This past summer I took part in The Arctic Circle, an expeditionary program that takes a group of scientists and artists (of all disciplines) sailing around in the Svalbard Archipelago above the Arctic Circle. We were there in the continuous light of high summer — it took several months for me to stop dreaming about the place after I got back.
I write about how buildings form landscapes. I was thinking before the trip I wanted to be somewhere without buildings, where constructions were evanescent or invisible: pathways, boundary projections, defense strategies, and so forth. I also thought that tracks might be worth focusing on, given that so much improbable desire can be simply noted in the scalar difference between the vast frozen nothing and a willful trail of pitiful footsteps.
Underway, we would sail from place to place, then stop and work on shore. The schedule hung on the weather, the mood of the group, the exigencies of the boat and crew. I spent roughly half of each day photographing in the fairly restricted areas we could work — on which more in a moment — trying to document overlapping track systems in vast fields of snow. I am still working on those photographs (each of which is composed of many exposures).
The reason the on-shore work areas were limited is the presence, in Svalbard, of polar bears. With the exception of a few areas in the small towns on the island, you cannot be outdoors on land without a rifle, or without someone with one. Each day our three armed guides would set out a triangle of space in which we might work. These triangulations were carefully considered, given the number of people working and what they were working on, and invariably encompassed some remarkable location.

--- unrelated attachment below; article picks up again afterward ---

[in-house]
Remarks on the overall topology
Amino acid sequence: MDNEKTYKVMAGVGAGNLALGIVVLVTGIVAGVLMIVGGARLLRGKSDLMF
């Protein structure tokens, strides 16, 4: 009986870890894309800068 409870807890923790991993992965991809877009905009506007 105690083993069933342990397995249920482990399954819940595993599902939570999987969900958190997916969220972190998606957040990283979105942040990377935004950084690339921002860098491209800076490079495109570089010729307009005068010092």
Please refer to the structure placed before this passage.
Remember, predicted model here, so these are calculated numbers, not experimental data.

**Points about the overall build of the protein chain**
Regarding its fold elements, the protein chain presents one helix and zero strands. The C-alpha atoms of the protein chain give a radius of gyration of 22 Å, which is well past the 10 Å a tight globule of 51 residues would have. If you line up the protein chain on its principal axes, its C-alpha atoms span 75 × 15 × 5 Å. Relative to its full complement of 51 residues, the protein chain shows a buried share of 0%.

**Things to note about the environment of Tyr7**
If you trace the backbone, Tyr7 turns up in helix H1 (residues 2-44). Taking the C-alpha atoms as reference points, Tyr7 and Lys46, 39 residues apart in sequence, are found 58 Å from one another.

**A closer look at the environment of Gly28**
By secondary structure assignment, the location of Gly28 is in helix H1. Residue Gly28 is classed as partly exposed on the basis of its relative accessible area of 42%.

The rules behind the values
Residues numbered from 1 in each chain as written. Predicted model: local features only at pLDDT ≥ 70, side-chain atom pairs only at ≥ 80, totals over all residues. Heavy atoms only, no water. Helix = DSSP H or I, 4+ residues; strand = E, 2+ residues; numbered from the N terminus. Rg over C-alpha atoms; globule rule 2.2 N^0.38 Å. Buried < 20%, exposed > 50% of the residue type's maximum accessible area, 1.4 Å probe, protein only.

Also, defined by three potential rifle shots, they were fairly sizable spaces. But in that tundra, where there was nothing, and the air was so clear five miles of distance seemed like one, the work areas felt quite small to me. I really wanted to go into that nothingness alone. During the other half of the day on shore I would take part in guide-led walks, usually with six or seven others, which went from whatever amazing place we were to some other place that was equally amazing, just higher, or mossier, or where the ice was older.
Since there were no real trails, these walks were closer in spirit to the way I wanted to study. The thing with the walks was you had to keep walking to stay with the group, which was led by someone with a rifle — again, polar bears. At first I found this frustrating to working with a camera. Still, the walks worked: the farther we were from the boat and the larger part of the group, the happier I was. I began thinking about how the walks, how the walking away, was the subject. The photographs included here — an ongoing experiment — started from that, then led outward.